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§ 27. The Popes and the Hohenstaufen.


I. Principal Sources:

(1) The Regesta of the popes from Anastasius IV. to Innocent III. (1153–1198) by Jaffé-Wattenbach (ed. 1886).—The Opera of these popes in Migne’s Patrol. Lat.—The Vitae of the popes by Platina, Watterich, etc.

(2) Otto (half-brother of King Conrad III. and uncle of Frederick Barbarossa, and partial to him, bishop of Freising, or Freisingen, in Upper Bavaria, d. 1158): De Gestis Friderici I., finished by his pupil Rahewin or Reguin. Best ed. by Waitz, 1884. Also his Chronicle (De duabus Civitatibus, after the model of Augustin’s De Civitate Dei), continued by Otto of St. Blasien (in the Black Forest) till 1209. First critical ed. by R. Wilmans in Mon. Ger. Scr., XX. 83–493.—Gunther Ligurinus wrote in 1187 a Latin epic of 6576 verses on the deeds of the Emperor Frederick I. till 1160. See Wattenbach’s Geschichtsquellen, II. 241 sqq


II. Works on the Hohenstaufen Period:

Jaffé: Geschichte des deutschen Reichs unter Konrad III., Hanover, 1845.—Fr. von Raumer: Geschichte der Hohenstaufen. Leipzig, 1823. 4th ed. 1871. —W. Zimmermann: Die Hohenstaufen oder der Kampf der Monarchie gegen den Papst und die republ. Freiheit. Stuttgart, 1838. 2d ed. 1865, 2 vols.—G. De Cherrier: Histoire de la lutte des papes et des empereurs de la maison de Souabe. Paris, 1841, 4 vols.—*Hermann Reuter (Professor of Church History in Göttingen, d. 1888): Alexander III. und die Kirche seiner Zeit. 1845. 2d ed. thoroughly rewritten, Leipzig, 1860–1864; 3 vols. (A work of fifteen years’ study.)—Schirrmacher Kaiser Friedrich II. Göttingen, 1859–1864, 4 vols.; Die letzten Hohenstaufen. Göttingen, 1871.—P. Scheffer-Boichorst: K. Friedrichs I. letzter Streit mit der Kurie. Berlin, 1866.—H. Prutz: K. Friedrich I. Danzig, 1871–1874, 3 vols.—Del Guidice: Il guidizio e la condanna di Corradino. Naples, 1876.—Ribbeck: Friedr. I. und die römische Kurie. Leipzig, 1881.—Ugo Balzani: The Popes and the Hohenstaufen. London and New York, 1888 (pp. 261).—Giesebrecht, Bryce, 167 sqq.; Gregorovius, IV. 424 sqq.; Hauck, IV.;— Hefele-Knöpfler, V. 533 sqq.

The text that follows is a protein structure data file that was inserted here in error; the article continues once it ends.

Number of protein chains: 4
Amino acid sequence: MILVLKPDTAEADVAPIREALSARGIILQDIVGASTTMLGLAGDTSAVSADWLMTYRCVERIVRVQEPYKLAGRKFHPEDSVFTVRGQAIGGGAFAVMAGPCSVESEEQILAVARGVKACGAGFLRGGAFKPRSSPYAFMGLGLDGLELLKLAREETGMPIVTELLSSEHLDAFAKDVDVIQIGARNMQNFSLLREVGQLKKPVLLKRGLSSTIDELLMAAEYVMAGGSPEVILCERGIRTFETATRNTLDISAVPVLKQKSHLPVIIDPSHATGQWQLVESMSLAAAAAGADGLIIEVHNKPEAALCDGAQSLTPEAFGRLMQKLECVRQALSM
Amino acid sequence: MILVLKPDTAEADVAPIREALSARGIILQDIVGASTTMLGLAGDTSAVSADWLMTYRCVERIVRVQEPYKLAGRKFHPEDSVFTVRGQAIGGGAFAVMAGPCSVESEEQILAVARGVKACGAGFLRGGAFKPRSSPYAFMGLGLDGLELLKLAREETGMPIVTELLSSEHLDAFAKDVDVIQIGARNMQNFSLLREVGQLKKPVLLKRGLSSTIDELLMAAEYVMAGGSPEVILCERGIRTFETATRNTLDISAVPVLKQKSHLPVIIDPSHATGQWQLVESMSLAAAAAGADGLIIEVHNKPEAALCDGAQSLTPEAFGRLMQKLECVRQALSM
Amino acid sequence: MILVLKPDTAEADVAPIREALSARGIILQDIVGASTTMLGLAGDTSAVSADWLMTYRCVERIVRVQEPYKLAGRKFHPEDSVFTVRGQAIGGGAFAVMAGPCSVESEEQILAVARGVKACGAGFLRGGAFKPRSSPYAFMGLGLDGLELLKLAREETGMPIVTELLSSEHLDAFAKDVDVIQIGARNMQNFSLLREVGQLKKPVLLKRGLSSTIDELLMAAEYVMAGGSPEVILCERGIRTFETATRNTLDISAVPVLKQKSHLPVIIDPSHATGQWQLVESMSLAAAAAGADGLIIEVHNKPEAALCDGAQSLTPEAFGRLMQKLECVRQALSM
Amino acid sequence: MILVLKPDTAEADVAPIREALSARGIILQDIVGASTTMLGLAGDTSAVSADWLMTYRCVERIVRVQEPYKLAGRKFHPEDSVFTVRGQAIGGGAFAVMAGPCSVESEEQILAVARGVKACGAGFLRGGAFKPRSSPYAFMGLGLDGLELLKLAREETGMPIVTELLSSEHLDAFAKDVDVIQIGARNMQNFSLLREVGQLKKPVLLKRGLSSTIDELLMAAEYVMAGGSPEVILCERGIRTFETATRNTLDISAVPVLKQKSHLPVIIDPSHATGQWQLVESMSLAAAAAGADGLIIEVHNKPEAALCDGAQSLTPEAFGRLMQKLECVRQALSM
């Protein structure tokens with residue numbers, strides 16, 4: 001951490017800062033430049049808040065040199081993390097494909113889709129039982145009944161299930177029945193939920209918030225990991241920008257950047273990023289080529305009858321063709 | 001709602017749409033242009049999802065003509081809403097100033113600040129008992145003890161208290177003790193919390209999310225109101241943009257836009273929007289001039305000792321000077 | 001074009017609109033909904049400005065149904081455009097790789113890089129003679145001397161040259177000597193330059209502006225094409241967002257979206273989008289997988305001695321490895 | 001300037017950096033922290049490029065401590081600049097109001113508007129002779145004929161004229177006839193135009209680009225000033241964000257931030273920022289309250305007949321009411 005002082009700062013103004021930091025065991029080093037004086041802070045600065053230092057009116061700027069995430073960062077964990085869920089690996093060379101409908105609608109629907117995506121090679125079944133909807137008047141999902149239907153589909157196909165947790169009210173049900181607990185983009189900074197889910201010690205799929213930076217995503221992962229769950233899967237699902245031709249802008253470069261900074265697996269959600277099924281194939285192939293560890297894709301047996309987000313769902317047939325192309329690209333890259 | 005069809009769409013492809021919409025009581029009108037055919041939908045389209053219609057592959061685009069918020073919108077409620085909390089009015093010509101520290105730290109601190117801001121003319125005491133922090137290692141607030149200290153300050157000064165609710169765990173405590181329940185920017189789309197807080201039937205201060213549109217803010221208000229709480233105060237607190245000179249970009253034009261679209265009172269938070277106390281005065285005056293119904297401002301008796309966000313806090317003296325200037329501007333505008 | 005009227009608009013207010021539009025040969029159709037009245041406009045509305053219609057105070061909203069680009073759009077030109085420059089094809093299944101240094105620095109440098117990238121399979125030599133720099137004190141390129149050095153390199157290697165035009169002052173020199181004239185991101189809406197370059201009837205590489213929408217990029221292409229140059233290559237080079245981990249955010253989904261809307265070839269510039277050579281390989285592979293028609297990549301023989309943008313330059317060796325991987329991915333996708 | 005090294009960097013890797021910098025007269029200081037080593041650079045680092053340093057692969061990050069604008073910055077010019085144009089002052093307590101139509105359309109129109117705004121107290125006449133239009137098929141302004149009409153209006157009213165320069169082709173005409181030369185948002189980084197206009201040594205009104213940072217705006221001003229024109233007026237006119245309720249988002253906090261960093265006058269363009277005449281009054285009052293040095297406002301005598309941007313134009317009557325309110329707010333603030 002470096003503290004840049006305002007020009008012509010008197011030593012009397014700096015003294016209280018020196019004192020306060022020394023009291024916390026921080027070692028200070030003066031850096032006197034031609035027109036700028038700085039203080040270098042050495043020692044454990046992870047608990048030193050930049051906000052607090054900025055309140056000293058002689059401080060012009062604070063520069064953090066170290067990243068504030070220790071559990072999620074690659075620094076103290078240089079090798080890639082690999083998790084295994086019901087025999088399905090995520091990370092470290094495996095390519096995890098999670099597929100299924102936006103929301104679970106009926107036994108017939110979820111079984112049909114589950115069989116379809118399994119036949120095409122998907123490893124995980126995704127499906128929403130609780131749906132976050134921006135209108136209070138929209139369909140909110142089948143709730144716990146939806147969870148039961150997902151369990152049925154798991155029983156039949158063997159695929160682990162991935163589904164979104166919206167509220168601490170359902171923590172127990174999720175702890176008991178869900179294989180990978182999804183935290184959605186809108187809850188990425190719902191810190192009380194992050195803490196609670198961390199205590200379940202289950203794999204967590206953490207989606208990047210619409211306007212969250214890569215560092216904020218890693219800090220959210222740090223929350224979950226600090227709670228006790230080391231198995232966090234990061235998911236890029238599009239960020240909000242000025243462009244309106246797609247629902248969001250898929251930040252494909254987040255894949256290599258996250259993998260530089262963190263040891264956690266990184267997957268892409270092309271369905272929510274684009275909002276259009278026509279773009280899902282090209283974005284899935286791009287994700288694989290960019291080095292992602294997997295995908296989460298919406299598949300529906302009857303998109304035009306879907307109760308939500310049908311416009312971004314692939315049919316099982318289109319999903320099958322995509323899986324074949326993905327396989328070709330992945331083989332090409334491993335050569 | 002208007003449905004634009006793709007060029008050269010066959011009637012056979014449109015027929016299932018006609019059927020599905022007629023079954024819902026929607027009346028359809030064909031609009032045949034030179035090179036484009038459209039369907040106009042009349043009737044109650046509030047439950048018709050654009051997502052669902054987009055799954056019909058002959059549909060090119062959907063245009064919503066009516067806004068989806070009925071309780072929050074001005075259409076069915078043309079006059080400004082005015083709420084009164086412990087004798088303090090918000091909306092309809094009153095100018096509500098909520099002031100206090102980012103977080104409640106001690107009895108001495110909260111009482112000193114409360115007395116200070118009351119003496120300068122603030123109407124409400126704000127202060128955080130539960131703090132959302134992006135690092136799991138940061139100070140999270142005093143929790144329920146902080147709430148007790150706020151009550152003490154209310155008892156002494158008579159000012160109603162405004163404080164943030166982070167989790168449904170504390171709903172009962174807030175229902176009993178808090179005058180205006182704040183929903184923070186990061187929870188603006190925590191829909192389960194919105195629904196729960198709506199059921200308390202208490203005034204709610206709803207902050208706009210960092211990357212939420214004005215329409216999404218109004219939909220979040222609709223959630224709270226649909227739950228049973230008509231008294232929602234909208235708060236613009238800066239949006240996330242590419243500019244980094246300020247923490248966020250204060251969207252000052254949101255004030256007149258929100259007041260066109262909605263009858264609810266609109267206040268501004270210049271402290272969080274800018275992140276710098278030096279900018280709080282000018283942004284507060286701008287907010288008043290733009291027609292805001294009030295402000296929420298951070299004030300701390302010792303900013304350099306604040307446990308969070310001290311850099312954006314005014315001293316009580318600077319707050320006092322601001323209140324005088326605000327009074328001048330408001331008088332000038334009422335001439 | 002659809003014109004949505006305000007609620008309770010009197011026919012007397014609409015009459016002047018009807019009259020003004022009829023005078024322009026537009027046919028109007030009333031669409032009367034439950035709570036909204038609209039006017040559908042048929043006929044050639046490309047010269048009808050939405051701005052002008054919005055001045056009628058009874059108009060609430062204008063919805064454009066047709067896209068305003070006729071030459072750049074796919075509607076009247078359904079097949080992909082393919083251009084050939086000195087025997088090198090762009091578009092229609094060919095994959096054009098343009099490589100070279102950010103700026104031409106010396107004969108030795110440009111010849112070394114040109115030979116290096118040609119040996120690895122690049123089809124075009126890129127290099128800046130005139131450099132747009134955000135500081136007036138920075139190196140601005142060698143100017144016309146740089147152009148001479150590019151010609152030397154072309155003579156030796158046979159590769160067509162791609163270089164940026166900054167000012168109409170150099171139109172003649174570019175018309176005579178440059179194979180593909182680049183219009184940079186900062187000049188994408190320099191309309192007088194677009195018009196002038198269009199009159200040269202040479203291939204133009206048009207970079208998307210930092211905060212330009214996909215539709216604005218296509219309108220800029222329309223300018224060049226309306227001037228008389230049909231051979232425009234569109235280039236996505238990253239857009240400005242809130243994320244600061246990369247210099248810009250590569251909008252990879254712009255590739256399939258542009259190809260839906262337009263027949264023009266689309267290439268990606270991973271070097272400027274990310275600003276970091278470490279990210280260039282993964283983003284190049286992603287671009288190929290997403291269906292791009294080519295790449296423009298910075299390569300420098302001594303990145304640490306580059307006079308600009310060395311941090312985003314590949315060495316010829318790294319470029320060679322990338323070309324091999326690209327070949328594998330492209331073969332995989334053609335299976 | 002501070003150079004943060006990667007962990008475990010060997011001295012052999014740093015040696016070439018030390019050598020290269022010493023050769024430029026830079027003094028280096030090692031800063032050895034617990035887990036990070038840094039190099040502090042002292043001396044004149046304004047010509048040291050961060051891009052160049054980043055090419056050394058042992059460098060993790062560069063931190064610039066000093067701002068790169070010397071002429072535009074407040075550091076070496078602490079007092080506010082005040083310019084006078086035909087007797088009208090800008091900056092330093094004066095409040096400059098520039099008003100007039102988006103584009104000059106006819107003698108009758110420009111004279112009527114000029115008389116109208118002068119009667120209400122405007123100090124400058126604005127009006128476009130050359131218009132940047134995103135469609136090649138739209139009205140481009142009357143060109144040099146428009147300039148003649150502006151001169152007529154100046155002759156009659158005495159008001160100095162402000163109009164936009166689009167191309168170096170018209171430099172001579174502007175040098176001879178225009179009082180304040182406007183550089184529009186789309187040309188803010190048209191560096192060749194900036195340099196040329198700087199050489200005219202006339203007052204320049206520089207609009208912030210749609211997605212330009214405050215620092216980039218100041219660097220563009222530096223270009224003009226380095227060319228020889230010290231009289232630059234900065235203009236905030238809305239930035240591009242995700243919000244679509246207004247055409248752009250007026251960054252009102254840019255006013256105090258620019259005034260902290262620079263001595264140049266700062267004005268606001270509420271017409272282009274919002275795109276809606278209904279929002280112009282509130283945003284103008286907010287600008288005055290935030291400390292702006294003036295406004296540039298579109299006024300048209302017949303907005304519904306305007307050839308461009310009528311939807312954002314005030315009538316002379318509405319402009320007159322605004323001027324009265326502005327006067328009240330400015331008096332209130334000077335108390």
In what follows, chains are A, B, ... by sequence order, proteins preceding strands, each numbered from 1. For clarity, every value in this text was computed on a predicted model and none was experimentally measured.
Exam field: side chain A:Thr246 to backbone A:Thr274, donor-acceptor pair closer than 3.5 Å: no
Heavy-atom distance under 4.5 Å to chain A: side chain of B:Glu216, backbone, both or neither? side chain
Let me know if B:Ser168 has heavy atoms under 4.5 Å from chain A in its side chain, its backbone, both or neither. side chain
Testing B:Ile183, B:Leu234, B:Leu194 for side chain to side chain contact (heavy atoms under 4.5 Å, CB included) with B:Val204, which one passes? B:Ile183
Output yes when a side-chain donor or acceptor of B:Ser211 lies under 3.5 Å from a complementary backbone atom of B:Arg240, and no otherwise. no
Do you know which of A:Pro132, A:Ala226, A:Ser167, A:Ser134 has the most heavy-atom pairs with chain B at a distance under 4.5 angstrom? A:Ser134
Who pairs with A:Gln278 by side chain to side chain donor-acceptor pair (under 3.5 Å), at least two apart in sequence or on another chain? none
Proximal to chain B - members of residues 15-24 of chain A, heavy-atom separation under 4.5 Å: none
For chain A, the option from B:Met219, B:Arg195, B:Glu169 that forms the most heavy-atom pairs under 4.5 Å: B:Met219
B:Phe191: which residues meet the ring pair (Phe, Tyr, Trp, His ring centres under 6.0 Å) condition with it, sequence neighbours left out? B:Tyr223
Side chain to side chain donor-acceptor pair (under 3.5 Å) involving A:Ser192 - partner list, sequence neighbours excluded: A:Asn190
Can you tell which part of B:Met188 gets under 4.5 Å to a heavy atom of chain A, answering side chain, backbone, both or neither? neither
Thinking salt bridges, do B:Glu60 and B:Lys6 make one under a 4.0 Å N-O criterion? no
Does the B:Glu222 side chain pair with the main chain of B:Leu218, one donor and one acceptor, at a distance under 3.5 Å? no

With Conrad III. the powerful family of the Hohenstaufen ascended the imperial throne and occupied it from 1138 till 1254. They derive the name from the family castle Hohenstaufen, on a hill in the Rough Alp near Göppingen in Swabia.130130    The castle was destroyed in the Peasants’War in 1525. At the foot of the hill is a village and an old church with a fresco picture of Barbarossa, bearing the inscription: "Hic transibat Caesar, amor bonorum, terror malorum.""Here Caesar passed away, beloved by the good, dreaded by the bad." Close by is the ancient seat of the Hohenzollern family. On the site of the old castle a splendid castle was erected by William I., the Emperor of Germany. Agnes in marriage. They were thus connected by blood with the antagonist of Pope Hildebrand, and identified with the cause of the Ghibellines against the Guelphs in their bloody feuds in Germany and Italy. Henry VI., 1190–1197, acquired by marriage the kingdom of Naples and Sicily. His son, Frederick II., raised his house to the top of its prosperity, but was in his culture and taste more an Italian than German prince, and spent most of his time in Italy.

The Hohenstaufen or Swabian emperors maintained the principle of imperialism, that is, the dignity and independence of the monarchy, as a divine institution, against papal sacerdotalism on the one hand, and against popular liberty on the other.